In addition, petitioners have not set forth sufficient facts to support the other required TSCA section 4 findings as described in Unit II.B.2. For example, petitioners have not set forth sufficient facts for EPA to find that information available to the Administrator is insufficient to permit a reasoned evaluation of the health and environmental effects of air fresheners, or that testing of the air fresheners is necessary to develop missing data. 15 U.S.C. 2603. Petitioners have cited some information in an attempt to make these showings. For example, they point out that the EPA HPV Information System contains no repeat dose toxicity studies for respiratory exposure for the common fragrances reported in the BEUC study, and that more than 25 material safety data sheets (MSDSs) on air fresheners reviewed by the petitioners indicated no data are available for respiratory tract sensitization. This information could be suggestive of an insufficiency of data, but EPA cannot judge whether existing data or experience are insufficient to determine or predict the health effects of air fresheners and, even so, whether new testing would be necessary to develop such data without review of the additional available information. EPA’s literature search indicates the existence of many published health and safety studies pertaining to the potential health effects of air fresheners or their ingredients (Ref. 24). Further, comments received on the petition indicate a large body of information created and maintained by the fragrance industry of which many are reported to be published in peer-reviewed scientific literature (Ref. 25).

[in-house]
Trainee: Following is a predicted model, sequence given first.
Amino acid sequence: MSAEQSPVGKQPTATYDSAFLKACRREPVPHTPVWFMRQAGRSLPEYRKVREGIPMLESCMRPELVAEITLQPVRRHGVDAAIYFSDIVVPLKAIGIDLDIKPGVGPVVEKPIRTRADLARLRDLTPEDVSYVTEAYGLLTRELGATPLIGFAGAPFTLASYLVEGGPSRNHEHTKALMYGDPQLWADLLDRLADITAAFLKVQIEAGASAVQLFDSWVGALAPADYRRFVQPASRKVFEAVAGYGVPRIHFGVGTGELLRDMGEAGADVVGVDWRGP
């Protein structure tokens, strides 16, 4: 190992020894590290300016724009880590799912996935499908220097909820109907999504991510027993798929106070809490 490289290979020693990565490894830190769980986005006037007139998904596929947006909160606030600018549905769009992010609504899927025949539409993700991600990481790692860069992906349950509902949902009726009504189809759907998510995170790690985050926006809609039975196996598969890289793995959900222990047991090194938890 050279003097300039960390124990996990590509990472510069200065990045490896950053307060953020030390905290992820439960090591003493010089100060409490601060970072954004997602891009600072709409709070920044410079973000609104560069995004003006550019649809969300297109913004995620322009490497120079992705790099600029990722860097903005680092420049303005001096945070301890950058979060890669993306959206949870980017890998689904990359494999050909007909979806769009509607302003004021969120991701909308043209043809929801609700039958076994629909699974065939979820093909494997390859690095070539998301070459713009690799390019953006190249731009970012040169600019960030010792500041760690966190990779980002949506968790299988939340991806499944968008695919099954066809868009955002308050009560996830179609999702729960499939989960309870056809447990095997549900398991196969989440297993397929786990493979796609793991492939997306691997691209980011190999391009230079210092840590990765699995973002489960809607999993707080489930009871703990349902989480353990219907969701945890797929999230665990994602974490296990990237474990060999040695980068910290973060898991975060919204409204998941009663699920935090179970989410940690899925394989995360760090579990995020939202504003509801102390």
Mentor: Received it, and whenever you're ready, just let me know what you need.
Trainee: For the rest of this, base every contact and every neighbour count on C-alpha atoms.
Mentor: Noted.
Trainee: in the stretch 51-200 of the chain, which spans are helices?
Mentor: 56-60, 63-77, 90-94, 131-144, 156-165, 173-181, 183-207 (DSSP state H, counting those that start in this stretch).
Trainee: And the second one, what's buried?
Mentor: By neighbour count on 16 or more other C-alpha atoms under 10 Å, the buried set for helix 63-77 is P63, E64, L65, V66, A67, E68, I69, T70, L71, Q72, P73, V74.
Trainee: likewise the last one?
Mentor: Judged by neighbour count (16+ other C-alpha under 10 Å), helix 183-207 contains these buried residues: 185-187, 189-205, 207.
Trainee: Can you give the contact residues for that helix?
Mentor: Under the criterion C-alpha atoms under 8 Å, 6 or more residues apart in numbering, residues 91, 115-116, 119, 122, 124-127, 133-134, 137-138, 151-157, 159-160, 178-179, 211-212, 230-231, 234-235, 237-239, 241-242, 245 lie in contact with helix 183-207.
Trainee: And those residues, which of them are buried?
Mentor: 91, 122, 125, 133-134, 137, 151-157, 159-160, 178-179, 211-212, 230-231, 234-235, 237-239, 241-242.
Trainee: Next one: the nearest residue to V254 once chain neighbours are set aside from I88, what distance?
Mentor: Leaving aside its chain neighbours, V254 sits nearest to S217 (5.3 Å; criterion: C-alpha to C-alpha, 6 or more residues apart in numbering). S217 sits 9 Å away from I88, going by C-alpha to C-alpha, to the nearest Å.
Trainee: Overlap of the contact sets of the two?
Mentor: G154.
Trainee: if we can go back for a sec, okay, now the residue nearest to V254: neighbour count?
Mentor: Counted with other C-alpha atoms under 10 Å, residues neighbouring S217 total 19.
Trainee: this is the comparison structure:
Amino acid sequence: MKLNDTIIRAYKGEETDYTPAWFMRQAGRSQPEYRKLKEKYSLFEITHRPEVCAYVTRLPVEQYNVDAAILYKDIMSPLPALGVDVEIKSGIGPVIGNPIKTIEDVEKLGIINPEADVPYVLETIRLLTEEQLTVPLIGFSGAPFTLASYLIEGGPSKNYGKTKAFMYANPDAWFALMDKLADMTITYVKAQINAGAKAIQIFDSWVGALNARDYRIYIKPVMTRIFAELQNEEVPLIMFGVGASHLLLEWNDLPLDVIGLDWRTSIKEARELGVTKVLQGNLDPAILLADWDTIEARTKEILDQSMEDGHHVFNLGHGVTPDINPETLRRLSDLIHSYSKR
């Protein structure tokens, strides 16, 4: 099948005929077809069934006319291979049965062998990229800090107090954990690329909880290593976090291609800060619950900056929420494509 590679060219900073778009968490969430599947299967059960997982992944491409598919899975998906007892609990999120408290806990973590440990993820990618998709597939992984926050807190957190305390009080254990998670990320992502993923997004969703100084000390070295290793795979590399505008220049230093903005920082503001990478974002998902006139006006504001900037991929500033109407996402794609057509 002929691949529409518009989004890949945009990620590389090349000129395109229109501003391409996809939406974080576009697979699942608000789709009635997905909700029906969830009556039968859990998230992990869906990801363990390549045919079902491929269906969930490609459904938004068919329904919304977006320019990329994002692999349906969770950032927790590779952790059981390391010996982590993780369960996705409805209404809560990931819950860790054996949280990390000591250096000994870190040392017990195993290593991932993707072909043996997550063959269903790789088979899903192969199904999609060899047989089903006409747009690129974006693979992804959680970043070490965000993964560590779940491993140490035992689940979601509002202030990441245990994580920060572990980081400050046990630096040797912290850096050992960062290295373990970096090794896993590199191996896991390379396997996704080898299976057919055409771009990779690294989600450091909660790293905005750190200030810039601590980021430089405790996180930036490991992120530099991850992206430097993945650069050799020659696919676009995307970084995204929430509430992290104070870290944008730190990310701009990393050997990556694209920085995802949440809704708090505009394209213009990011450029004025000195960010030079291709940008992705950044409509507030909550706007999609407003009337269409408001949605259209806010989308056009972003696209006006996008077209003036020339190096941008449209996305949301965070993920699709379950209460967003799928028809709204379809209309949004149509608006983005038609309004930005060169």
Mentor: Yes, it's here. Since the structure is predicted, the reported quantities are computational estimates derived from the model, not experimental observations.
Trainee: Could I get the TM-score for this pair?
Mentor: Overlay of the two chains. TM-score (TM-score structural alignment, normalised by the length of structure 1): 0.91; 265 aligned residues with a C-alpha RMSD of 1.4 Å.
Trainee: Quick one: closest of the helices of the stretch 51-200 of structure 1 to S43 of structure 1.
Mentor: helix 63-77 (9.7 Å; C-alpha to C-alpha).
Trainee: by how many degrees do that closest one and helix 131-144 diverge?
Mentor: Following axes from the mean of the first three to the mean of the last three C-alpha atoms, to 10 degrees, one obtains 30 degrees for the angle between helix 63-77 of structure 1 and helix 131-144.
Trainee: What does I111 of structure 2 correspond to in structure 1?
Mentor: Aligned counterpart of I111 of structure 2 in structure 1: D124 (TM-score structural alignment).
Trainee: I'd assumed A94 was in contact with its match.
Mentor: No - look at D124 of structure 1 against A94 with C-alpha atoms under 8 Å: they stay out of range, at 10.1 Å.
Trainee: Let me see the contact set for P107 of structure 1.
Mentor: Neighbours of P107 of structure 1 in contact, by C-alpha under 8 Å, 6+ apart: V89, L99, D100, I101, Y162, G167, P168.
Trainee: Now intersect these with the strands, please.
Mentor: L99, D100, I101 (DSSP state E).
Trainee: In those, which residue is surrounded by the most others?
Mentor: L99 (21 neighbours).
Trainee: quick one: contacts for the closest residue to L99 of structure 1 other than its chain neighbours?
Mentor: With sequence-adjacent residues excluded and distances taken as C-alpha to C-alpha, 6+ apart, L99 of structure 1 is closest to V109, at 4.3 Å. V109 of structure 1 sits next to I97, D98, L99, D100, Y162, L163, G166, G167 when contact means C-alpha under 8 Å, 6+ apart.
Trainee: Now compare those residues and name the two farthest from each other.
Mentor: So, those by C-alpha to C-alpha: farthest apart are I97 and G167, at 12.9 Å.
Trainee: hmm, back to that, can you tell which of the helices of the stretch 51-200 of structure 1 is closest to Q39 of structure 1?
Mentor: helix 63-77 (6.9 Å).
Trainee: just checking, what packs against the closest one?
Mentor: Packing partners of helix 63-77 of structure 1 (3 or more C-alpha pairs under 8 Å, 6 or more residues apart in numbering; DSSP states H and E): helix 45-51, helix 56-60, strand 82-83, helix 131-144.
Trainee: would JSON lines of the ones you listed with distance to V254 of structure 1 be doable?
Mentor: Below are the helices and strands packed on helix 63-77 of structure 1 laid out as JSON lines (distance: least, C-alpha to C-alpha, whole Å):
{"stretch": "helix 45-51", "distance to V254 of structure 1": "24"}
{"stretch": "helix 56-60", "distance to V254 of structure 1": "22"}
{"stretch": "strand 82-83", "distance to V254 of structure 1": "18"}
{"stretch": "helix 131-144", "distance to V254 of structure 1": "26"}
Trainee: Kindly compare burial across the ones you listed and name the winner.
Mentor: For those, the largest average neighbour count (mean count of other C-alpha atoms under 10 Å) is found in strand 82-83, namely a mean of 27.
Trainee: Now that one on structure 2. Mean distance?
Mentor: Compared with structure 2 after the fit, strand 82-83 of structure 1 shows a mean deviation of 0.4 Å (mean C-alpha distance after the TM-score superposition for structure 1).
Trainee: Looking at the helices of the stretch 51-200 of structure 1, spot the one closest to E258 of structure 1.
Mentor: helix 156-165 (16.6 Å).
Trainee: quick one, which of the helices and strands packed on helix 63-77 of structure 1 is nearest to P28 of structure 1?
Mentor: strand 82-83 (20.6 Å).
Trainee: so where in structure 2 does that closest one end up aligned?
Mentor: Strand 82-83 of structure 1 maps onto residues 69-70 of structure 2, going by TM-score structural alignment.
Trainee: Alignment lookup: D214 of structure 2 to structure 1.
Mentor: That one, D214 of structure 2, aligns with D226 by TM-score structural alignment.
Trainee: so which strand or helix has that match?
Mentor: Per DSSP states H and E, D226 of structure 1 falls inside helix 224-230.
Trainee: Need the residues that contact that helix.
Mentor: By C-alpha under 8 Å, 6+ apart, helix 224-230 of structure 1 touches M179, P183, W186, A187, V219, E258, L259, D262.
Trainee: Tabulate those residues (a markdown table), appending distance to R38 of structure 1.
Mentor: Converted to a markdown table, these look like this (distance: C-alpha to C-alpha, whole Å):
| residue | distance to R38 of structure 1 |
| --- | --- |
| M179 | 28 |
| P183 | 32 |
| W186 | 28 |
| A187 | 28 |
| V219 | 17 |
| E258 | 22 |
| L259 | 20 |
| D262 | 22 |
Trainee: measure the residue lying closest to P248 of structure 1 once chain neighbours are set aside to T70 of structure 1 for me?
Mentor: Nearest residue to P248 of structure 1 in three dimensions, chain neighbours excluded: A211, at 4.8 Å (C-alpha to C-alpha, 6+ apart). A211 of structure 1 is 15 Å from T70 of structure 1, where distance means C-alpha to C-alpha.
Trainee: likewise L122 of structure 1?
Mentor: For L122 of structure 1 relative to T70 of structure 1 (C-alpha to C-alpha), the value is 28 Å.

In light of the large body of additional available information which was not considered by petitioners, the petition does not support petitioners’ claims regarding the insufficiency of existing data or that testing is necessary.